Smart receptors on cell surfaces

Your body is a fine-tuned system of interactions between billions of cells. Each cell has tiny receptors that enable it to sense its environment, so it can adapt to new situations. Robert Lefkowitz and Brian Kobilka are awarded the 2012 Nobel Prize in Chemistry for groundbreaking discoveries that reveal the inner workings of an important family of such receptors: G-protein–coupled receptors.

For a long time, it remained a mystery how cells could sense their environment. Scientists knew that hormones such as adrenalin had powerful effects: increasing blood pressure and making the heart beat faster. They suspected that cell surfaces contained some kind of recipient for hormones. But what these receptors actually consisted of and how they worked remained obscured for most of the 20th Century.

Lefkowitz started to use radioactivity in 1968 in order to trace cells’ receptors. He attached an iodine isotope to various hormones, and thanks to the radiation, he managed to unveil several receptors, among those a receptor for adrenalin: β-adrenergic receptor. His team of researchers extracted the receptor from its hiding place in the cell wall and gained an initial understanding of how it works.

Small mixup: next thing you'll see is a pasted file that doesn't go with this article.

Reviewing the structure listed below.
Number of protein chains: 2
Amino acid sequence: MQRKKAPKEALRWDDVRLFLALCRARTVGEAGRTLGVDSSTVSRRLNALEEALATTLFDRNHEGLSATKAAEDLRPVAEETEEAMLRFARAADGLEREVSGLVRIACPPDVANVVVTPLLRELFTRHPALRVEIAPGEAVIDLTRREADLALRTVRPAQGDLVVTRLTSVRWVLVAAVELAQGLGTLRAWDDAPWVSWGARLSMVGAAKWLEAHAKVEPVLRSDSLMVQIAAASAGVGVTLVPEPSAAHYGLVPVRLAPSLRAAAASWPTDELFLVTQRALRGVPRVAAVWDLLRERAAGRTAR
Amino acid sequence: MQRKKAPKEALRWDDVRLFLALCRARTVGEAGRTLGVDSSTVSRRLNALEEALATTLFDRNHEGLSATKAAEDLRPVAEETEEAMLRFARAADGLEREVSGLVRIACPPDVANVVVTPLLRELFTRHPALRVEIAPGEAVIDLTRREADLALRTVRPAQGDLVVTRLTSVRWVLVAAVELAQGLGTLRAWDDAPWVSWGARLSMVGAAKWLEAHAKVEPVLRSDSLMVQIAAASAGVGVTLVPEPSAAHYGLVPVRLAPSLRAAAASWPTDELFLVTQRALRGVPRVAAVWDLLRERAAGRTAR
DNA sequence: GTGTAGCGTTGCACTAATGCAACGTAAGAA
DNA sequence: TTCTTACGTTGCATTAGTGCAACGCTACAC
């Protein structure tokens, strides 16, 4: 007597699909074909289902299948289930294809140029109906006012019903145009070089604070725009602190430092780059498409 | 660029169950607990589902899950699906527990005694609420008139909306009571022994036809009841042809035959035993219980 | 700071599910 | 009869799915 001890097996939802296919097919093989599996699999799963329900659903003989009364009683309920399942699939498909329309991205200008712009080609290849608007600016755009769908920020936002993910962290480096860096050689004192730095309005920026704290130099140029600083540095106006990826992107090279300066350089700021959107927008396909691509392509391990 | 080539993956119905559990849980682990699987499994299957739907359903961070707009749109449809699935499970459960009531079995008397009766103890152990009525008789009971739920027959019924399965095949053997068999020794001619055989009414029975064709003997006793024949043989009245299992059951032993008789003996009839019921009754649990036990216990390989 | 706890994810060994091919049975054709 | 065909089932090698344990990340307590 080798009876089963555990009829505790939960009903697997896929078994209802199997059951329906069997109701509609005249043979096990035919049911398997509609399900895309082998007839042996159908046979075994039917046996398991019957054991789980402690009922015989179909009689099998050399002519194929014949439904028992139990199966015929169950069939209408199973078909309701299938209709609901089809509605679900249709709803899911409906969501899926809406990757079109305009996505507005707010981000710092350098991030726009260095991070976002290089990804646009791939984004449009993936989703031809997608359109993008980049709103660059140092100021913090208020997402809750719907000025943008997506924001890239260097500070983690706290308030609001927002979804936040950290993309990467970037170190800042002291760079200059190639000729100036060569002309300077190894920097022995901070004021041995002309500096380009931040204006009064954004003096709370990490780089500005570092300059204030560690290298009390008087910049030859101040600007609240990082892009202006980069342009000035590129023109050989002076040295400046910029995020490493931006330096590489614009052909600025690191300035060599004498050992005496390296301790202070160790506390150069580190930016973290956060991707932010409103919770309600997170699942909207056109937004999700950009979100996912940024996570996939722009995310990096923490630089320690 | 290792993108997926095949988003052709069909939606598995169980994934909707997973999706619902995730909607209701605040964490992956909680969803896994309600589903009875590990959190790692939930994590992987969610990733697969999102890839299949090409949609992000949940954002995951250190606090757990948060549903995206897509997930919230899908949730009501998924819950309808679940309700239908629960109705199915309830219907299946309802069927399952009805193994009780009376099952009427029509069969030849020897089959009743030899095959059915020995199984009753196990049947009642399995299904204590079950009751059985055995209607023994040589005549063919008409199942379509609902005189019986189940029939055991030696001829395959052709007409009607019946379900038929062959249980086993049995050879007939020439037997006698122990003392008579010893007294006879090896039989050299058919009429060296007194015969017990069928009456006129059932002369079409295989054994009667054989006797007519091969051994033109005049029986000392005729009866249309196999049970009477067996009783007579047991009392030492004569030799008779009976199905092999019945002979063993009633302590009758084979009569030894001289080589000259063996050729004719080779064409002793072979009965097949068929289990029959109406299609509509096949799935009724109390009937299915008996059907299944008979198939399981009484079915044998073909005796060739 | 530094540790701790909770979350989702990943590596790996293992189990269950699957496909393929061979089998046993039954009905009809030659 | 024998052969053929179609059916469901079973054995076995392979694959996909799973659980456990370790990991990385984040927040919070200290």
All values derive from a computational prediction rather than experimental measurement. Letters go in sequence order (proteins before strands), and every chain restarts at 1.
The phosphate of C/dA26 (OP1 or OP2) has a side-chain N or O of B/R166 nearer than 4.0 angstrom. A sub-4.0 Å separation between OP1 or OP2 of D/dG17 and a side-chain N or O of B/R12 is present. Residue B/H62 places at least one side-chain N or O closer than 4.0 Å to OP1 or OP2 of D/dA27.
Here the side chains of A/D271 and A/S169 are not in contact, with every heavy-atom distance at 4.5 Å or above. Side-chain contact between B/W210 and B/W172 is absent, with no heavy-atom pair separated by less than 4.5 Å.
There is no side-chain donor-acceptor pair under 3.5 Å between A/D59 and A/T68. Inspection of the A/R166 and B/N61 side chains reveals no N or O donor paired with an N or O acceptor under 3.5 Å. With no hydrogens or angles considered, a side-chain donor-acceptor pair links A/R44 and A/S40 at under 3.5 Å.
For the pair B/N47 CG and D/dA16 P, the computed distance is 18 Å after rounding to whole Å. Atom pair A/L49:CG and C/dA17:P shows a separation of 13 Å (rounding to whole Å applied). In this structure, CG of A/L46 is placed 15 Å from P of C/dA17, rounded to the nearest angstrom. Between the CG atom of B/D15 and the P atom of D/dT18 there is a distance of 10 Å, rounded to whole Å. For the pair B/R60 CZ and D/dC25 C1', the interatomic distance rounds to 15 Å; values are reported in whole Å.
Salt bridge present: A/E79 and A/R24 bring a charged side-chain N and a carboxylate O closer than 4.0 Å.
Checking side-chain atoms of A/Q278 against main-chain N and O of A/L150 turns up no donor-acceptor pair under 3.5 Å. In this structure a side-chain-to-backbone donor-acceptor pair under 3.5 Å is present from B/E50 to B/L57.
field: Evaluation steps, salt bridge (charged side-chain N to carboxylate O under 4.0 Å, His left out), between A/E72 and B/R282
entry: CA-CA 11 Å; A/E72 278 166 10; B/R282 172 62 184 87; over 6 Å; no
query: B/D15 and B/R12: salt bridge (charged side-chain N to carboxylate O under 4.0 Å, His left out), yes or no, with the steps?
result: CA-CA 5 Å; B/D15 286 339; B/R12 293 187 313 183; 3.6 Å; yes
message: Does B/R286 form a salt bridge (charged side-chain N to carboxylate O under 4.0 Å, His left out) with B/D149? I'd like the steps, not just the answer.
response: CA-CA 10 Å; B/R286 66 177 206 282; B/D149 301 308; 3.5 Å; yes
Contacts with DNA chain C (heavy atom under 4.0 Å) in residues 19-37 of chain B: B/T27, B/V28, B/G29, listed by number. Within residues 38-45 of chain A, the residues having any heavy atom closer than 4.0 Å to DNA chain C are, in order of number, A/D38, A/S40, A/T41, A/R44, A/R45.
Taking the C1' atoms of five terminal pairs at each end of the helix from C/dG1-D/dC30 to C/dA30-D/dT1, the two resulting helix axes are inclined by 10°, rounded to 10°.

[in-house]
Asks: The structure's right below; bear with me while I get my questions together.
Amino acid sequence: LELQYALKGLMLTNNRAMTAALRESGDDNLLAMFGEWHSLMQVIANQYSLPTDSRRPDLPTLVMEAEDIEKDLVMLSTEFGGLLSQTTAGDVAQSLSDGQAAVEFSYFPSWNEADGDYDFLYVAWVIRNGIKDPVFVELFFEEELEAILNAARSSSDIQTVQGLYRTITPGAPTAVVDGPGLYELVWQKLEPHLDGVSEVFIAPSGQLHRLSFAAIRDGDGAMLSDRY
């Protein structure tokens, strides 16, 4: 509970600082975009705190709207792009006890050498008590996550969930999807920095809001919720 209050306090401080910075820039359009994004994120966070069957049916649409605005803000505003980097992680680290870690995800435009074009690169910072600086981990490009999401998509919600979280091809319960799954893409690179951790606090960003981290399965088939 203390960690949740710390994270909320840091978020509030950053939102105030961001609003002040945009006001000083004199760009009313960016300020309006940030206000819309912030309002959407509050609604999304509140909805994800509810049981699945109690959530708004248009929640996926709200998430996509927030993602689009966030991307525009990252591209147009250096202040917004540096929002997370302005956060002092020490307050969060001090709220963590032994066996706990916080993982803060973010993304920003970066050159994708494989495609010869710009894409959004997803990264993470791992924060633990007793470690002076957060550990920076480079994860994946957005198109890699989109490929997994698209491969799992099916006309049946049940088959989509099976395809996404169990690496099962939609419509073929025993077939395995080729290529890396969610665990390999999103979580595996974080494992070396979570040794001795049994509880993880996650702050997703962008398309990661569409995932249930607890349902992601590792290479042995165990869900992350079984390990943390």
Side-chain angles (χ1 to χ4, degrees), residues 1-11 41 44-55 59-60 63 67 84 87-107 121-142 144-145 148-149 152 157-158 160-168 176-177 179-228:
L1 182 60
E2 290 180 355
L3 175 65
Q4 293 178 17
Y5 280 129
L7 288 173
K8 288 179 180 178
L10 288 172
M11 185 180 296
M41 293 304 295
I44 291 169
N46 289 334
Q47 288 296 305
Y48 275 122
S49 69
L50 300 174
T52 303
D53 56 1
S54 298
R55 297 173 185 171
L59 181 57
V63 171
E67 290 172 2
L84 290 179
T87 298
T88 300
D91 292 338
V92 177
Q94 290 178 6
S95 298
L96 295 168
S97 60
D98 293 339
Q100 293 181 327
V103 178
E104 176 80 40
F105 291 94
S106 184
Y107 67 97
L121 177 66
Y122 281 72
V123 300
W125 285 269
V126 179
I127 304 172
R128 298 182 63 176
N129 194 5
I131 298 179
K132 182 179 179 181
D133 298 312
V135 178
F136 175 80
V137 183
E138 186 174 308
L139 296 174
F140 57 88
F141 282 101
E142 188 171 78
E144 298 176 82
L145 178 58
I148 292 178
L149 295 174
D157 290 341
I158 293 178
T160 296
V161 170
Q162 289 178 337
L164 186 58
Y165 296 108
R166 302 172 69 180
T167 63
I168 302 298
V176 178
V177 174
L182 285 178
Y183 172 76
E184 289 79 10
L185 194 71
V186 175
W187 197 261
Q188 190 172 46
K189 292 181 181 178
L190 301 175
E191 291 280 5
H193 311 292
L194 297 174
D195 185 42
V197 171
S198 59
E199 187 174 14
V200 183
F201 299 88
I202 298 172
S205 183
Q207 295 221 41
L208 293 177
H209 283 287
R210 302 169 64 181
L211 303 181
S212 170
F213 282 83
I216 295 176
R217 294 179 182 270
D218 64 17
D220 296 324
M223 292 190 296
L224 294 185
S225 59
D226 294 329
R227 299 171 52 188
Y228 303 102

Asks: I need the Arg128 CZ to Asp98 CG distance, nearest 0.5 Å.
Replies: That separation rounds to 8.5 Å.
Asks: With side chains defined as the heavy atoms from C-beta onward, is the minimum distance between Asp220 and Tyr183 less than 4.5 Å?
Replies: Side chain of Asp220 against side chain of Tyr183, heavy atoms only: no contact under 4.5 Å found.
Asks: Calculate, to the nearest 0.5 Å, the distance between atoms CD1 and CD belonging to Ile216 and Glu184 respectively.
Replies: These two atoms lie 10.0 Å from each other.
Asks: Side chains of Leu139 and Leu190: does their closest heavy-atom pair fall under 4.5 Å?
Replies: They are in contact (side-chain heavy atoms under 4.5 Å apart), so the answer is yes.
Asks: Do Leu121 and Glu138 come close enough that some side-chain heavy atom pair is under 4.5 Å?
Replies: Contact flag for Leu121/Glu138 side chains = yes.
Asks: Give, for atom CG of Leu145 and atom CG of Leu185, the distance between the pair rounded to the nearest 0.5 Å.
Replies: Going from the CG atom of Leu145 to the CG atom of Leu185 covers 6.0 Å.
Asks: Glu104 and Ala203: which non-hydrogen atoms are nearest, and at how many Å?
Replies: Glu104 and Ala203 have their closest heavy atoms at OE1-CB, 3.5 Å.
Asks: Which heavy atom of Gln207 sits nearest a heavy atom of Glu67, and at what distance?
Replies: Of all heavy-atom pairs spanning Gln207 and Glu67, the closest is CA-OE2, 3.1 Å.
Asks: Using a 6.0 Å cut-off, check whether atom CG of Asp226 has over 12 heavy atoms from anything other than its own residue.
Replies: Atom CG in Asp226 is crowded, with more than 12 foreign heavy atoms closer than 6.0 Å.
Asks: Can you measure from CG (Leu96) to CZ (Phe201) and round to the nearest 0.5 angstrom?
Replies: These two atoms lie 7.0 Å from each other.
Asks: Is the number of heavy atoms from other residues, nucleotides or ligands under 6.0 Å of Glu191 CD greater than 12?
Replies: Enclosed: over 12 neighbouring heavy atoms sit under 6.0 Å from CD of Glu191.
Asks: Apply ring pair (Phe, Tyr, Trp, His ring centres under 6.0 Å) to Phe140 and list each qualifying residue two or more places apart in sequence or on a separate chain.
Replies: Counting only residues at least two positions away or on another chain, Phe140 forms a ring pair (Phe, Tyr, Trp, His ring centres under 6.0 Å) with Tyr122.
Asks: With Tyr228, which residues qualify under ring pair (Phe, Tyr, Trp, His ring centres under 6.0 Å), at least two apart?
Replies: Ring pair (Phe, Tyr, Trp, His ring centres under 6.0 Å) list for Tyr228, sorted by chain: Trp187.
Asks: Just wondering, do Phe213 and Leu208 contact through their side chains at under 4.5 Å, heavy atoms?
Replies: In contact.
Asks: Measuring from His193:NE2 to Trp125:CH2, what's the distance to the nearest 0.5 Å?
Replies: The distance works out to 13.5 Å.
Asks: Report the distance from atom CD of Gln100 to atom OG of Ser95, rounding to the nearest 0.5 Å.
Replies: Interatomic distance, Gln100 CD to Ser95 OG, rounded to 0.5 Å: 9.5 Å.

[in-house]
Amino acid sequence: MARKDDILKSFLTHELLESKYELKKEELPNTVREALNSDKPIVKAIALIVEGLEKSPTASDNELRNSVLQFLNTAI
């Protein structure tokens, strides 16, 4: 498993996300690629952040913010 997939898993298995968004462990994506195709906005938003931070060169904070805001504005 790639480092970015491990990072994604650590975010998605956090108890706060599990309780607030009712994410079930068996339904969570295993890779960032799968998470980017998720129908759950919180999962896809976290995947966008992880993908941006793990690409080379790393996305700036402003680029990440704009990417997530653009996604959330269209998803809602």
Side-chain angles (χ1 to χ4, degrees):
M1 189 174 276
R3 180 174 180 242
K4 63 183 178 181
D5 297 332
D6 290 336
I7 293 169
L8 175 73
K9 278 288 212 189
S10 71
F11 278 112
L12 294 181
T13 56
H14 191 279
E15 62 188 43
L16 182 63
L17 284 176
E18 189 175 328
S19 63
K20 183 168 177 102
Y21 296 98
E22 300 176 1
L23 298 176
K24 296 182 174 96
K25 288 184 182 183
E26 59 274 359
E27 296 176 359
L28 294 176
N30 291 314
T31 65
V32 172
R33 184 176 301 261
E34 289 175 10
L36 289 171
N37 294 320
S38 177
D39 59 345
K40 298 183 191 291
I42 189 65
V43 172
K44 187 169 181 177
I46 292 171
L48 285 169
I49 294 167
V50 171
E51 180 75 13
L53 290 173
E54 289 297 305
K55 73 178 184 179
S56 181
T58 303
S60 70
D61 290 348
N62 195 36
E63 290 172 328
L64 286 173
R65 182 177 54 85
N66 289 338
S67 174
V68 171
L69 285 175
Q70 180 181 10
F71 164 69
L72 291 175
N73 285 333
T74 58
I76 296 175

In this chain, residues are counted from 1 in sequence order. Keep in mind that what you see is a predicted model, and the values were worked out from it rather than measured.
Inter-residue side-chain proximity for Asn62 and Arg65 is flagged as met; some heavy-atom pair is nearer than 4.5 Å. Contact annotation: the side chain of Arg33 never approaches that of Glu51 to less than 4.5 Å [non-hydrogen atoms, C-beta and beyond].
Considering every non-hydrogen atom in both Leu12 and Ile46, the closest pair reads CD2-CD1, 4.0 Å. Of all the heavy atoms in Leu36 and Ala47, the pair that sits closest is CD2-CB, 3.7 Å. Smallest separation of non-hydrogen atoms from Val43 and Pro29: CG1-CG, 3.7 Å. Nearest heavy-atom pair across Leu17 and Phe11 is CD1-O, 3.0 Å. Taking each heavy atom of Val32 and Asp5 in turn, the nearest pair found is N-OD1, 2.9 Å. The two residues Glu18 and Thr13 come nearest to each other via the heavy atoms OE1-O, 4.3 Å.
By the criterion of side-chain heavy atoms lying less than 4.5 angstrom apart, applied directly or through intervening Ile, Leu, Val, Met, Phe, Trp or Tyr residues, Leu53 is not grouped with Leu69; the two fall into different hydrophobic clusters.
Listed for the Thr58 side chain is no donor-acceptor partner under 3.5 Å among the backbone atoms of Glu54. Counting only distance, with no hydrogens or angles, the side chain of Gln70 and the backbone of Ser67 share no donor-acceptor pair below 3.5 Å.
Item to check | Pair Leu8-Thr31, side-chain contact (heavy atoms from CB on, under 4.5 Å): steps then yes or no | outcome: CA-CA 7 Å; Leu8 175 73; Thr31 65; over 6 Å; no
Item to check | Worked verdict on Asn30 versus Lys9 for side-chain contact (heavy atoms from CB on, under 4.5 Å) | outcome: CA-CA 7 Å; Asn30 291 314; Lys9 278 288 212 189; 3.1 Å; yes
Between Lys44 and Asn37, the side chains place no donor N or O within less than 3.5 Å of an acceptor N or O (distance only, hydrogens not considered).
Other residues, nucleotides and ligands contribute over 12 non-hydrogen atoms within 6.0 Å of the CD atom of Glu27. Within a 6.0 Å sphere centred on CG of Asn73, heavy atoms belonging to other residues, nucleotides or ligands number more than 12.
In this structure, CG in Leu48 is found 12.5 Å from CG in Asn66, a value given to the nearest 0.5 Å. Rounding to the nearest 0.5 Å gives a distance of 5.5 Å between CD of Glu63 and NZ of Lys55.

The team achieved its next big step during the 1980s. The newly recruited Kobilka accepted the challenge to isolate the gene that codes for the β-adrenergic receptor from the gigantic human genome. His creative approach allowed him to attain his goal. When the researchers analyzed the gene, they discovered that the receptor was similar to one in the eye that captures light. They realized that there is a whole family of receptors that look alike and function in the same manner.

Today this family is referred to as G-protein–coupled receptors. About a thousand genes code for such receptors, for example, for light, flavour, odour, adrenalin, histamine, dopamine and serotonin. About half of all medications achieve their effect through G-protein–coupled receptors.

The studies by Lefkowitz and Kobilka are crucial for understanding how G-protein–coupled receptors function. Furthermore, in 2011, Kobilka achieved another break-through; he and his research team captured an image of the β-adrenergic receptor at the exact moment that it is activated by a hormone and sends a signal into the cell. This image is a molecular masterpiece – the result of decades of research.

The Prize amount: SEK 8 million, to be shared equally between the Laureates.

SOURCE:
https://www.nobelprize.org/prizes/chemi ... s-release/

Further Reading:
Wang J, Gareri C, Rockman HA - "G-Protein-Coupled Receptors in Heart Disease" Circ Res 123(6):716-735 (2018)
https://www.ahajournals.org/doi/10.1161 ... 118.311403